The Baggage Situation at Heathrow Is Out of Control

Literal piles of suitcases are growing at Terminal 5 due to staffing shortages and increase in demand

Aerial view of luggage left behind
Luggage is piling up at London's busiest airport.

There’s nothing more anxiety-inducing than being one of the last ones waiting to reclaim your luggage as the number of bags coming down the carousel begins to dwindle. And, as many who share my apprehension will surely know, for the better part of the last few years, the lost (or damaged) luggage landscape has been…bleak.

The reason for that is, per a new study from aviation technology company SITA, staffing shortages. “Airlines, ground handlers and airports have downsized to maintain viability during the pandemic, which has impacted resources and expertise dedicated to baggage management,” the report reads. “Unaddressed, this challenge may see the mishandling rate continue to creep up and become much higher than it was pre-pandemic.”

In fact, in 2021, the global mishandled baggage rate spiked by 24% to 4.35 bags per thousand passengers, much of which the study credits to the resumption of international and long-haul flights. A further breakdown of that study shows that “transfer bags” account for the largest piece of the mishandled pie, with 41% of bags being delayed at transfer — up from 37% in 2020. Delayed bags accounted for 71% of all mishandled bags in 2021 — up from 69% in 2020 — while the number of lost and stolen bags both increased to 6%.

But no study could have prepared me for the sight that is the main terminal at London’s Heathrow International Airport at present. Due to lack of staff and a surplus of flight cancellations, baggage has been piling up for weeks, and hundreds of bags can be seen, left totally unattended, while — according to a report from Business Insider — passengers are forced to wait days to be reunited with their belongings.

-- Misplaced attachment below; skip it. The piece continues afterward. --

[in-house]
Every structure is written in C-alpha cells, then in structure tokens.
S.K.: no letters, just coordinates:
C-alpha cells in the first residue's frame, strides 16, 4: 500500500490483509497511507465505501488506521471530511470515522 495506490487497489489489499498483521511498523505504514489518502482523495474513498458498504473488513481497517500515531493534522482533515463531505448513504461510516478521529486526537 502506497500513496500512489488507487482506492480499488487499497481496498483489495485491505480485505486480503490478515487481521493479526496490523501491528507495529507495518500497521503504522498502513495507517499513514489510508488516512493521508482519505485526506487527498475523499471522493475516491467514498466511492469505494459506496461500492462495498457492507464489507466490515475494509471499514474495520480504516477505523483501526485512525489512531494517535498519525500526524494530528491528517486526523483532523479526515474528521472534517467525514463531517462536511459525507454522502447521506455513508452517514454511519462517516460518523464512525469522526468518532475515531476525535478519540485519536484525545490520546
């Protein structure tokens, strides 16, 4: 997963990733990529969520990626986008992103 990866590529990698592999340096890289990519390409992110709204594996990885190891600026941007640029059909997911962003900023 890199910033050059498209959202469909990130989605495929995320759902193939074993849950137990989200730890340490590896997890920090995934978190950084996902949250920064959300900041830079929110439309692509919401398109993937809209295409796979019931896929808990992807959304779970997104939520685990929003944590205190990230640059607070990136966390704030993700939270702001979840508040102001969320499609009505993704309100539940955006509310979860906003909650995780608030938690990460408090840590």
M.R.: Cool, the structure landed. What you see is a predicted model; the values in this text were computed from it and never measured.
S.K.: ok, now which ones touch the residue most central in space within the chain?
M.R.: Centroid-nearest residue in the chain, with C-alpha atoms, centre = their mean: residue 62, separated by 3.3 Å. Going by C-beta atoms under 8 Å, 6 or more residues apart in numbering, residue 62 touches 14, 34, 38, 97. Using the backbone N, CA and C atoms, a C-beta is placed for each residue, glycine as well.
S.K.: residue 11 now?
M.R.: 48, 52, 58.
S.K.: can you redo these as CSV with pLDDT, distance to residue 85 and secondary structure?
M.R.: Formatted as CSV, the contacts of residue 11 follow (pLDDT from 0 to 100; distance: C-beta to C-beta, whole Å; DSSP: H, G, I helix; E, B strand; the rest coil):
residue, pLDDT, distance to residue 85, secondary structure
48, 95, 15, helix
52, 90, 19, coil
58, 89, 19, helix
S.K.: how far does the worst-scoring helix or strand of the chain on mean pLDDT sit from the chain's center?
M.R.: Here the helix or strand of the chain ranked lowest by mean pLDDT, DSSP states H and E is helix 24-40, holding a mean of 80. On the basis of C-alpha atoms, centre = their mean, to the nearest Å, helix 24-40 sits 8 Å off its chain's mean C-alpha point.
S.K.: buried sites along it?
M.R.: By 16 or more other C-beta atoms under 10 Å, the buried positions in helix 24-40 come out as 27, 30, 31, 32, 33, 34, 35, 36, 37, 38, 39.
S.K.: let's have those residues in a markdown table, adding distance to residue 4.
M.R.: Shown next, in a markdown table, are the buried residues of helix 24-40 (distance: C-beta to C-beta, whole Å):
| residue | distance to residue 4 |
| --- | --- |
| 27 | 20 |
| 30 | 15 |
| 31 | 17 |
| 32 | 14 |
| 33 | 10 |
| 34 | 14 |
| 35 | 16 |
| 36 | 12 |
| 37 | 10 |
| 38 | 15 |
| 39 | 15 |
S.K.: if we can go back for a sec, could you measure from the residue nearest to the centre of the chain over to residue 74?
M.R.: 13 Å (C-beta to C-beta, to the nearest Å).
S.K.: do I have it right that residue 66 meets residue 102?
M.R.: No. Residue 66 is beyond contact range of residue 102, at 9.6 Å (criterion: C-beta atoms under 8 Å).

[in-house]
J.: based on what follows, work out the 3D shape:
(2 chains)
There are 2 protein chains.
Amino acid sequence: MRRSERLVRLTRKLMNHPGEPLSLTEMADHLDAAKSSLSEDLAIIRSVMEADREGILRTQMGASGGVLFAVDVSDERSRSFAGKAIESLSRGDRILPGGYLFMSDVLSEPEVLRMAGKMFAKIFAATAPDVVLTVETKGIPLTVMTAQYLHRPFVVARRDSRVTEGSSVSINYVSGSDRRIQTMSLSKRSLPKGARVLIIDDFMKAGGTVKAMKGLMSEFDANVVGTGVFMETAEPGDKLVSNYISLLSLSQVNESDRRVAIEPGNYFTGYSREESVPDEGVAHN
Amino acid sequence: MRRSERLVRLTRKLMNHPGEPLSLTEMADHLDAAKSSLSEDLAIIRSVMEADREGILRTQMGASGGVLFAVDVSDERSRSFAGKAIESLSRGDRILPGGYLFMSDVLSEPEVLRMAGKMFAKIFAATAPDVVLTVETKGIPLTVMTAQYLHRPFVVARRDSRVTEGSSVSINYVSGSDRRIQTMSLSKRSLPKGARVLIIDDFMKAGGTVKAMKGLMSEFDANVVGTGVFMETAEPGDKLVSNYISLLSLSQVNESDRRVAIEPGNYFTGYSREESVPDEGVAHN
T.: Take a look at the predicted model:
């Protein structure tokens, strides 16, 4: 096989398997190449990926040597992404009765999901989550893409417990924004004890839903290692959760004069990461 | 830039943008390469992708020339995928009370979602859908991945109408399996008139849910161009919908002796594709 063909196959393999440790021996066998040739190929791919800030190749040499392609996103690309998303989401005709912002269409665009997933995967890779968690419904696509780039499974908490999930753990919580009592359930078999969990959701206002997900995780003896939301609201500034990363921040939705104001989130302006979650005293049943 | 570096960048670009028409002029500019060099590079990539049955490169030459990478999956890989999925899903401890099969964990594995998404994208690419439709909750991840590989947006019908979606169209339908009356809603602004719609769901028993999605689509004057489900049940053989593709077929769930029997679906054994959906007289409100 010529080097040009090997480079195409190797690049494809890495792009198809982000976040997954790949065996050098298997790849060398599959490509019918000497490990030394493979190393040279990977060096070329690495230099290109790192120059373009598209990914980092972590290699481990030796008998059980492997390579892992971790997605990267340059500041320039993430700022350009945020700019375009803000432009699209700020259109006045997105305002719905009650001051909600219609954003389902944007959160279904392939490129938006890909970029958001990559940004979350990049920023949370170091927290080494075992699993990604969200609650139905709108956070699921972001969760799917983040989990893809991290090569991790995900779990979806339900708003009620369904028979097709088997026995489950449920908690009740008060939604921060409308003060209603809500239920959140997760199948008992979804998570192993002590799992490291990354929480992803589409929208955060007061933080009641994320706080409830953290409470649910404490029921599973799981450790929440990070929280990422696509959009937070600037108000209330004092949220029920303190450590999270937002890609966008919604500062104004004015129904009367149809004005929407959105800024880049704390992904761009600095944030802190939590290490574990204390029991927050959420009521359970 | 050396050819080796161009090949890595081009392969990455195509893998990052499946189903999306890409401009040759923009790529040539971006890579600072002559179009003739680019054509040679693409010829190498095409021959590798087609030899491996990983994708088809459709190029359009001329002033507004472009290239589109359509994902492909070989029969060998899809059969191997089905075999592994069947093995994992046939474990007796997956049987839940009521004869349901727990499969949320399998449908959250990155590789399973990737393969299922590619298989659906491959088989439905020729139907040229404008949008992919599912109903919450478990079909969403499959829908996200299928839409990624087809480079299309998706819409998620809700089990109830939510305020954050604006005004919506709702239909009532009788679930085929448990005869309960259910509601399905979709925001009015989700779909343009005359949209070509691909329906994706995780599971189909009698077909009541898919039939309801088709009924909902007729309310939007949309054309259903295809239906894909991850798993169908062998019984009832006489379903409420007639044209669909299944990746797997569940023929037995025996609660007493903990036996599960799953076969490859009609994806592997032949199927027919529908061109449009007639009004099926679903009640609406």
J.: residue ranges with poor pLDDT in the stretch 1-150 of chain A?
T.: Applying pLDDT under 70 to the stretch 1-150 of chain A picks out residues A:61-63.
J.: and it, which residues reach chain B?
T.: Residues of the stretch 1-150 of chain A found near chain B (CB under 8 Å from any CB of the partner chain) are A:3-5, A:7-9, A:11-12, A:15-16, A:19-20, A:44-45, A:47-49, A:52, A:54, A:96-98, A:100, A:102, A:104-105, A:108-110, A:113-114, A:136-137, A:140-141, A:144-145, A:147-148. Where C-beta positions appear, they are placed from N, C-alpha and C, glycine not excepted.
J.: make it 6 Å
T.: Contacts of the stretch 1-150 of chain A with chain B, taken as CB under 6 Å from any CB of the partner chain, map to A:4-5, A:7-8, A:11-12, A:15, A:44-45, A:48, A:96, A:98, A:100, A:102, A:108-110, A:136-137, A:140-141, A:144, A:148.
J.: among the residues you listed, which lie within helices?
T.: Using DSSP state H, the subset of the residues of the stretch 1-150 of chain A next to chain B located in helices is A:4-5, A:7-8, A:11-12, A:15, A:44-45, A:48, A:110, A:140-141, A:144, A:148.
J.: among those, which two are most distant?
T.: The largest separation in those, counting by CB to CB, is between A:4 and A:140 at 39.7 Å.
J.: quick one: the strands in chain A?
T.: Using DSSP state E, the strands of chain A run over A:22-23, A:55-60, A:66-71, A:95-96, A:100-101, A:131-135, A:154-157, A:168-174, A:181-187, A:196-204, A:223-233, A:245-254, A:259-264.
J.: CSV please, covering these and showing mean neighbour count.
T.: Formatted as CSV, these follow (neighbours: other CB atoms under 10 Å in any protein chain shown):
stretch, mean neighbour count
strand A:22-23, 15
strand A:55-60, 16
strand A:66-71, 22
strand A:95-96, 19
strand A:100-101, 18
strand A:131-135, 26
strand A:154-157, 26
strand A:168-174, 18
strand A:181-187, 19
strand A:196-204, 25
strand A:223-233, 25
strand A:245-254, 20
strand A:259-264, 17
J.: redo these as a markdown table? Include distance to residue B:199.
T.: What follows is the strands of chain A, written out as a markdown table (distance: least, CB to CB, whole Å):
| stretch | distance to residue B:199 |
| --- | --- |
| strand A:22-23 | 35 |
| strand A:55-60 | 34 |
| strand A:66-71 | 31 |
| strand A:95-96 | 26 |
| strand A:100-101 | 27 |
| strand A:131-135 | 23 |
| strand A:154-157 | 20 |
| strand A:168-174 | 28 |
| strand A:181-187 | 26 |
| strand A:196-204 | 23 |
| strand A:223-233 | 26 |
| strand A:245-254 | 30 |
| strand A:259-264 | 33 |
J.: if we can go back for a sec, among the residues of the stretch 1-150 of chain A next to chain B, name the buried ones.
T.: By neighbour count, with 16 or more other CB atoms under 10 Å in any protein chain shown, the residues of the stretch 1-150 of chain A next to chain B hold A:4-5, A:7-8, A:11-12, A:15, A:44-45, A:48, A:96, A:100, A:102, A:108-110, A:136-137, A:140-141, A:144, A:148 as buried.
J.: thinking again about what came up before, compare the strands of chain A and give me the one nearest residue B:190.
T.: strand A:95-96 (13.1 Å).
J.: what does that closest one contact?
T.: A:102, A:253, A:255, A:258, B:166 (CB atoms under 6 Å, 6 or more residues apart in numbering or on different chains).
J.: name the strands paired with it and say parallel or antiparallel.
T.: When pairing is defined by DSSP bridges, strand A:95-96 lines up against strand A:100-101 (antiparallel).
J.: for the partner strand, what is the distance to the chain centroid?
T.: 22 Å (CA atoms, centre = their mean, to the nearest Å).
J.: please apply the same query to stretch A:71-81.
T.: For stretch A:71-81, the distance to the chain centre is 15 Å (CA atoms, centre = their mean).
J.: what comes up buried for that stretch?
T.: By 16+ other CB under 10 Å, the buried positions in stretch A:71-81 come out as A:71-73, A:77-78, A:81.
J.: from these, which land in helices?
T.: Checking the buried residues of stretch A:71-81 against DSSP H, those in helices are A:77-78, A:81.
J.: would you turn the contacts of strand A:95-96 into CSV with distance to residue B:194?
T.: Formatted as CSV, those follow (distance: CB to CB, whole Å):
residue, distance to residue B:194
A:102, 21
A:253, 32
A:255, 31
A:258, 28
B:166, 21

“Staff were nowhere to be seen, everyone was pretty shocked. Abandoned luggage was left unsecured and could easily be stolen,” one passenger said.

For the uninitiated, earlier this year, British Airways stopped loading luggage and cleaning the aircrafts ahead of short-haul flights in a last ditch effort to keep up with travel demand, effectively telling passengers that their luggage would catch up with them “in the coming days,” and focusing instead on long-haul flights.

“Bags on the vast majority of our flights are being offloaded and returned to our customers as normal,” a spokesperson for the airline said. “On the very limited number of occasions when we experience severe operational challenges, we are apologizing to our customers and asking them not to wait for their bags.”

That said, the scene at Heathrow is a far cry from “normal.” So, if you were in the market for another incentive to carry on? Let this be it. And if you’re headed to Heathrow by way of British Airlines anytime soon, I’d also invest in an Apple AirTag, which can find items much further away with the help from the hundreds of millions of Apple devices in the Find My network. One Apple user even managed to foil a stolen luggage scheme thanks to his AirTag.


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